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Big Crowds Expected for World's Fair of Money

John Foxx/Thinkstock(CHICAGO) -- This summer, Americans have heard a lot about how the nation's money is in short supply. That's one reason why some rare money on display is drawing huge crowds.

The World's Fair of Money is under way in Chicago, showing off $20 gold coins worth millions and uncut sheets of $100,000 dollar bills accompanied by armed guards. Normally, this exhibit by the American Numismatic Association, held in different cities each year, lures 10,000 to 15,000 visitors.

But according to association spokesman Donn Pearlman, this year's show is on pace to attract even more. "There's a renewed interest in gold and tangible assets. More investors are showing up with the collectors. This is the gold, silver and bullion coin trading capital of the universe this week", says Pearlman.

And this city is in a "panic atmosphere," reports Scott Travers from the floor of the show. Travers, the author of The Coin Collector's Survival Manual, tells ABC News: "I have never seen the type of feverish demand for gold coins that I am seeing at this show. People are fearful and want to protect what they have with hard money."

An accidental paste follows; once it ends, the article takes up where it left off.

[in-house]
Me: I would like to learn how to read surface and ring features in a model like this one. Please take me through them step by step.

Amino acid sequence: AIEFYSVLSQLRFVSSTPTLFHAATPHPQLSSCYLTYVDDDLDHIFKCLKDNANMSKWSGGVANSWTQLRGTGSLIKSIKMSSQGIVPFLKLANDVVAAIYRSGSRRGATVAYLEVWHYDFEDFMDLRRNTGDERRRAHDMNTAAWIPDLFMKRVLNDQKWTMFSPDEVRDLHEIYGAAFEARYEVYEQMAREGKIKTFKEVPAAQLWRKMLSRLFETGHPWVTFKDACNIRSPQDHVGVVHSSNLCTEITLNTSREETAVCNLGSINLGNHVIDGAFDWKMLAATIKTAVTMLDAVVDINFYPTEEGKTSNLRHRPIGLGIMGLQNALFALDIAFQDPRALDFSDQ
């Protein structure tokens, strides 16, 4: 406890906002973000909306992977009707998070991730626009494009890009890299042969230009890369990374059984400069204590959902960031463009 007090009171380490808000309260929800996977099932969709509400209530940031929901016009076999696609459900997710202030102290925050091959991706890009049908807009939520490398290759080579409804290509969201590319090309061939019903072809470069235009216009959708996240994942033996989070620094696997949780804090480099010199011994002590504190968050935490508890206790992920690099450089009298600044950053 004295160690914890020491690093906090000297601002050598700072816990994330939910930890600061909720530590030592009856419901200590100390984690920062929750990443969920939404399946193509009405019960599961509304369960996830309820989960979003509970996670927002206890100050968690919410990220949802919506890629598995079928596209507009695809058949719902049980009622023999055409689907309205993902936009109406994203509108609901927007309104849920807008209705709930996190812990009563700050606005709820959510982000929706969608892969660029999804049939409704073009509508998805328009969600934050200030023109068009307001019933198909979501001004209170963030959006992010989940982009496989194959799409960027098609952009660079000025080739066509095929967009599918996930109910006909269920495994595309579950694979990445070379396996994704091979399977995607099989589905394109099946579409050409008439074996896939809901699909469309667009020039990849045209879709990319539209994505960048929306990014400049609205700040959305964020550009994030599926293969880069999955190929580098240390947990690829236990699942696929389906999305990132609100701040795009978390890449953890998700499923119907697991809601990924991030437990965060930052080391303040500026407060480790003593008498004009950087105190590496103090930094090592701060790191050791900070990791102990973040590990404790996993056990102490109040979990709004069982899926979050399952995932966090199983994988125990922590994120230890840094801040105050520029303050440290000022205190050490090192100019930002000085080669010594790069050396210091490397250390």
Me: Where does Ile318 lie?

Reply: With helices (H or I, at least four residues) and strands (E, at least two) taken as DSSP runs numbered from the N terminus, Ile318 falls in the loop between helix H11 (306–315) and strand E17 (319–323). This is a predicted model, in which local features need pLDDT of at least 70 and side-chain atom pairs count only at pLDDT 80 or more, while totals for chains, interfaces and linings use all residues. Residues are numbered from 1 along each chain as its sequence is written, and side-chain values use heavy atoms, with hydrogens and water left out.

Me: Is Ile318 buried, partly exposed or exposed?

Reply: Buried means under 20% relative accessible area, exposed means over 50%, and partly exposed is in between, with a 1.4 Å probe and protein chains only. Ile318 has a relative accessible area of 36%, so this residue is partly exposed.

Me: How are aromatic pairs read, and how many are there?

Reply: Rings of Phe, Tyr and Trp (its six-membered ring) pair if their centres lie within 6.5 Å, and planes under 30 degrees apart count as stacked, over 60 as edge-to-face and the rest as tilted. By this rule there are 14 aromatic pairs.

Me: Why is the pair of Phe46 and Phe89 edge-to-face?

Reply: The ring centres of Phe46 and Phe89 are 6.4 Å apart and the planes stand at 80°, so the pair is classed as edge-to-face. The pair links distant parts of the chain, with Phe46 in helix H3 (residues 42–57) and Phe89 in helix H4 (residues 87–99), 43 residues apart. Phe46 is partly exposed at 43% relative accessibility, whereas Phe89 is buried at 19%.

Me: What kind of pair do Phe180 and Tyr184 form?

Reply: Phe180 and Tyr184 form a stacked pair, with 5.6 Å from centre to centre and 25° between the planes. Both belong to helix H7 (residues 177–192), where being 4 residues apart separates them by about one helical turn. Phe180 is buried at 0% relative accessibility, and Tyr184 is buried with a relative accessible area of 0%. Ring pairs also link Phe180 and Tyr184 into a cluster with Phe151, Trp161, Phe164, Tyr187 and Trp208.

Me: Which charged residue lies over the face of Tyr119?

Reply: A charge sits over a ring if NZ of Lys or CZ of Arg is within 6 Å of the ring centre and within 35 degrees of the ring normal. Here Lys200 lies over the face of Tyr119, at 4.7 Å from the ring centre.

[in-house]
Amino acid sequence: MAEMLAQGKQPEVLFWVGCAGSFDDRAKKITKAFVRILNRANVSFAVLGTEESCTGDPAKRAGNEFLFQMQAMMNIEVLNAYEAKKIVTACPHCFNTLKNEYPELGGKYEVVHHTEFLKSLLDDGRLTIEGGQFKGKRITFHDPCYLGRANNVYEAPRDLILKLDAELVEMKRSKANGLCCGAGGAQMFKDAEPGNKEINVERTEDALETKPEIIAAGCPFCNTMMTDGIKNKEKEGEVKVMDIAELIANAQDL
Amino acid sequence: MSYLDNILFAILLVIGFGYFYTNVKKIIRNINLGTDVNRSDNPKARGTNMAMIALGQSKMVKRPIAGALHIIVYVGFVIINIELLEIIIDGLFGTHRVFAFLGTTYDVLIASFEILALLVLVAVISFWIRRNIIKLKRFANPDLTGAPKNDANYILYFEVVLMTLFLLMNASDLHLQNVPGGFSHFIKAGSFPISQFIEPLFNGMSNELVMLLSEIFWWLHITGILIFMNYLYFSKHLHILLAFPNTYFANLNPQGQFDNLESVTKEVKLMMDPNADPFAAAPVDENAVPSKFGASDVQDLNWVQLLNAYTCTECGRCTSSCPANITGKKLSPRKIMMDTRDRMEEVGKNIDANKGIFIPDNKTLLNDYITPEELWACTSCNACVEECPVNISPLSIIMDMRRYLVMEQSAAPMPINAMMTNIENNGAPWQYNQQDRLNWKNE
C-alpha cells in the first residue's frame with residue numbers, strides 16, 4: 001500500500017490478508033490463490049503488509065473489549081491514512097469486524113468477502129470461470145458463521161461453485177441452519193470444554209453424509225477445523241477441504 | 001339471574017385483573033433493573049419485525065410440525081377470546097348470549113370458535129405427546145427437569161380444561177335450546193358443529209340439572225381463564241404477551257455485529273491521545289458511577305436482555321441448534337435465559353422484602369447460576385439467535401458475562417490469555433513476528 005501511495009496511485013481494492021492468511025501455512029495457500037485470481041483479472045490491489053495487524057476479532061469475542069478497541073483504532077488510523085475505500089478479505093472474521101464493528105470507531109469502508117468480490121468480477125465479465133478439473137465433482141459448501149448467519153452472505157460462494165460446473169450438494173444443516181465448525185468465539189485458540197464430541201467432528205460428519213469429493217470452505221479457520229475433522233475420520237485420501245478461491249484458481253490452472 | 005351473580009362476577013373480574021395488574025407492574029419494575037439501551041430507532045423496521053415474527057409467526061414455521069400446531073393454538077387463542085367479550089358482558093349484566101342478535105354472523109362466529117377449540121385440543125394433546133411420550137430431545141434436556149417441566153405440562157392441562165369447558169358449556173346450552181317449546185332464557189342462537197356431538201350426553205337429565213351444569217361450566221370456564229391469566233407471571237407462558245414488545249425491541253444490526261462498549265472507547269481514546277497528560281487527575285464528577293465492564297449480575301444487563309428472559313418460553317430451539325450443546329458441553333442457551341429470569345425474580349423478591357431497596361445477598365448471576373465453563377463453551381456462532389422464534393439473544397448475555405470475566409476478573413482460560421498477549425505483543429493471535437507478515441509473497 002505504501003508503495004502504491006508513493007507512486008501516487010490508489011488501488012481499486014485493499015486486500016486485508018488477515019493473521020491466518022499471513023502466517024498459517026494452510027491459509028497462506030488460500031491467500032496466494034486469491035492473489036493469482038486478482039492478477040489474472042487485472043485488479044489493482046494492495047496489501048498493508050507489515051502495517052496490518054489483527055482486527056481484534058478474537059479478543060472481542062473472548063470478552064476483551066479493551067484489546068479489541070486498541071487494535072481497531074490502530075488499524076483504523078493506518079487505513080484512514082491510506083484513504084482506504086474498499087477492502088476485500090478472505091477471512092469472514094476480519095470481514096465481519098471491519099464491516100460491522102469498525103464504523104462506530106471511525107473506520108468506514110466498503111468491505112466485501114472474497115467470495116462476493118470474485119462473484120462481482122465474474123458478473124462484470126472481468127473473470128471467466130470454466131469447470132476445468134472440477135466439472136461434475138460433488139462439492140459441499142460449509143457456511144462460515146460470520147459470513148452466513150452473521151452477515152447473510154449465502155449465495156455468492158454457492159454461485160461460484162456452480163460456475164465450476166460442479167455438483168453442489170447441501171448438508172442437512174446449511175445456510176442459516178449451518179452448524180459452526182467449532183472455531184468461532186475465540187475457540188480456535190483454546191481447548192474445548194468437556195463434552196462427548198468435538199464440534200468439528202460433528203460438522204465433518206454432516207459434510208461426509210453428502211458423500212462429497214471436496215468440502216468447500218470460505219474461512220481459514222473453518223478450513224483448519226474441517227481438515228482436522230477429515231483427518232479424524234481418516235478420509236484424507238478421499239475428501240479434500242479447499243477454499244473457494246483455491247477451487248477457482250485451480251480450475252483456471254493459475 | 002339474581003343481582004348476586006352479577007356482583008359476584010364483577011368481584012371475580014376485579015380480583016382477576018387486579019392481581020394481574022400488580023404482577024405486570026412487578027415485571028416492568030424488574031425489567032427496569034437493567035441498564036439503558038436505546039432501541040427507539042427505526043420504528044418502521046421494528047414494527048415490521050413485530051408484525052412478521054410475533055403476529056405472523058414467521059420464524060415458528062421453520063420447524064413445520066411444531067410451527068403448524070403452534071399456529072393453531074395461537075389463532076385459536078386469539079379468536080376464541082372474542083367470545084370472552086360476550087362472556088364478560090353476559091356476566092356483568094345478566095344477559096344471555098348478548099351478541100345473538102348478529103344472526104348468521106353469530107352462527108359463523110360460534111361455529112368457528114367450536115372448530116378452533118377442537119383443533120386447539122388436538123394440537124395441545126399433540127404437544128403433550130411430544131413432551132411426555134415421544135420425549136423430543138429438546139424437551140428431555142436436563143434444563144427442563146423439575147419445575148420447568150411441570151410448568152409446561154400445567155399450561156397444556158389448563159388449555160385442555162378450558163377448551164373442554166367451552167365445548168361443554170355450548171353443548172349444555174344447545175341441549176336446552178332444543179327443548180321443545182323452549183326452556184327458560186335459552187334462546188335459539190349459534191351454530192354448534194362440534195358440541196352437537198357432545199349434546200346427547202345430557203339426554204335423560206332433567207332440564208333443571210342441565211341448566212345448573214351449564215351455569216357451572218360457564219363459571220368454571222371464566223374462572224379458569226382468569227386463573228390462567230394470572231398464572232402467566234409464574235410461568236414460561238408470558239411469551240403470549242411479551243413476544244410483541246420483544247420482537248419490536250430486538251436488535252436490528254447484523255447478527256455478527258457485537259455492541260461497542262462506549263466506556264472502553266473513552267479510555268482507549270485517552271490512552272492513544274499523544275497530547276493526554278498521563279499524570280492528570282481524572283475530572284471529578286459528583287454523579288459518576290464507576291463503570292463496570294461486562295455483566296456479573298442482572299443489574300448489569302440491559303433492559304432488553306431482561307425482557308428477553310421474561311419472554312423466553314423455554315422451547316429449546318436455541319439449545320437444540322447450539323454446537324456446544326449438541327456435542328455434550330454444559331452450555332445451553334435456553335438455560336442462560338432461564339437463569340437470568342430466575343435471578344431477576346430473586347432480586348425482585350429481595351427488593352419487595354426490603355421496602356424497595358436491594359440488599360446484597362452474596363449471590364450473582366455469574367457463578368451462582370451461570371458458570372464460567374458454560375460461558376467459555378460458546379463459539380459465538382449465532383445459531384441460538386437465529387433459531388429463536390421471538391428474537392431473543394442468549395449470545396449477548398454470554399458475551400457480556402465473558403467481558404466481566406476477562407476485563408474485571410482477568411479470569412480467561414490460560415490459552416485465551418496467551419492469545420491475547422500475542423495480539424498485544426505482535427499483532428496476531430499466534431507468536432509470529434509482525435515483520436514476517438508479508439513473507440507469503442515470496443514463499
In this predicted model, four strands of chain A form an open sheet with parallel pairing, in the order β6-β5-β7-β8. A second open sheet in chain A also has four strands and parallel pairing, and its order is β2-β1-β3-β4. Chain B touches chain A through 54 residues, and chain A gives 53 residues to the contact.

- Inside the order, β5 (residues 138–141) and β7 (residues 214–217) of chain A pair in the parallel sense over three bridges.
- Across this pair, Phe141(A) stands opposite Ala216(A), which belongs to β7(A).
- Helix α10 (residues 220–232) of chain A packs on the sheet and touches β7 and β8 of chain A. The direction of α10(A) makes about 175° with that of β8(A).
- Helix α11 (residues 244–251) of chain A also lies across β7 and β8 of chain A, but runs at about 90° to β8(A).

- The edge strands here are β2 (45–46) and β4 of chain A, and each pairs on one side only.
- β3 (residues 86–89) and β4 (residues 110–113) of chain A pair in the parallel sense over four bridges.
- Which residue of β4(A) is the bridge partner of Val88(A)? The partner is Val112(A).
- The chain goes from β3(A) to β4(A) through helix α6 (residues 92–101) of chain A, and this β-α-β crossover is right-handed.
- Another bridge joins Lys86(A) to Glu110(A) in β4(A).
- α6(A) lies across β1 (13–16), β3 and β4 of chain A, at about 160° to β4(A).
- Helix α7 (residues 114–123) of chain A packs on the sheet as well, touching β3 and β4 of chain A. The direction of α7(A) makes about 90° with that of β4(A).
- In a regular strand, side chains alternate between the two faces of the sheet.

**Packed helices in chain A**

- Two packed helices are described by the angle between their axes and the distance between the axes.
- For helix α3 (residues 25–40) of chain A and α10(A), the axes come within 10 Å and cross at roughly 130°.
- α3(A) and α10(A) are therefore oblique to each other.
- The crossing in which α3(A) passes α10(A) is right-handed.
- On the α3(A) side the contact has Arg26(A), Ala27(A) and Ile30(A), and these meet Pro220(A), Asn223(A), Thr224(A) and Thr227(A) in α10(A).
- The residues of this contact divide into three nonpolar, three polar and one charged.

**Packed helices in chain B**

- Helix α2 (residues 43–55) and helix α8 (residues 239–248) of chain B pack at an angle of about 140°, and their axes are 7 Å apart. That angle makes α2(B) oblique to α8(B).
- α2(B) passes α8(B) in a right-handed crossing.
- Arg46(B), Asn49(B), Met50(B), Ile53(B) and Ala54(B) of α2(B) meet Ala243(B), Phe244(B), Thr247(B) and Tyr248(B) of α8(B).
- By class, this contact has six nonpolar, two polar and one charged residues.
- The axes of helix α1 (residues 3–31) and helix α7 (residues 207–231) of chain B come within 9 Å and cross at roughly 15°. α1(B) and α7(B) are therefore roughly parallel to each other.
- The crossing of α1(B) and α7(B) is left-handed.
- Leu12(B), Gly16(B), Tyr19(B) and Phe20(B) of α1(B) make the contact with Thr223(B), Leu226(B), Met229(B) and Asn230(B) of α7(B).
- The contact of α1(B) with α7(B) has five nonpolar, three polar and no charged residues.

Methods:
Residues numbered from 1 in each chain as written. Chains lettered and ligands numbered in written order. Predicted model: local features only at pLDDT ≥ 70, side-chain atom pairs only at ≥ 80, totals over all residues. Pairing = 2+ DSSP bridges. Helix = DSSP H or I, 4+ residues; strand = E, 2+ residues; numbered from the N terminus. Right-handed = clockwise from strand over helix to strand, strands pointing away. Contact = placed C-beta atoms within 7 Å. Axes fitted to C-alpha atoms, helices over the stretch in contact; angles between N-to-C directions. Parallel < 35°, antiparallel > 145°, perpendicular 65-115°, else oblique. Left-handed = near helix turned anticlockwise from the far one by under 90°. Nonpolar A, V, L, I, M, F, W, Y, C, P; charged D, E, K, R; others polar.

While the show includes rarities like a gold coin minted during the California Gold Rush and now valued at $15 million, more typical items like $20 gold coins from the 1920s are just as much the center of attention. They are seen as a smart investment, says Travers, because their value among collectors is about equal to the value of the ounce of gold that's in them, now around $1,863. "So there's very little downside to them. If gold goes down in value, collectors (who prize the coins for their beauty or historical significance) will still pay about that price. And if gold goes up in value, then the coins become worth even more." Travers says that "dealers at the show can't get enough product to keep up" with the frenzied demand.

The association's director, Larry Shepherd, also believes the record crowds are swelled by people "looking for safer places to put their money. They see that hard assets like silver and bullion and rare coins have gone the opposite way of more conventional assets" like stocks and bonds.

Copyright 2011 ABC News Radio

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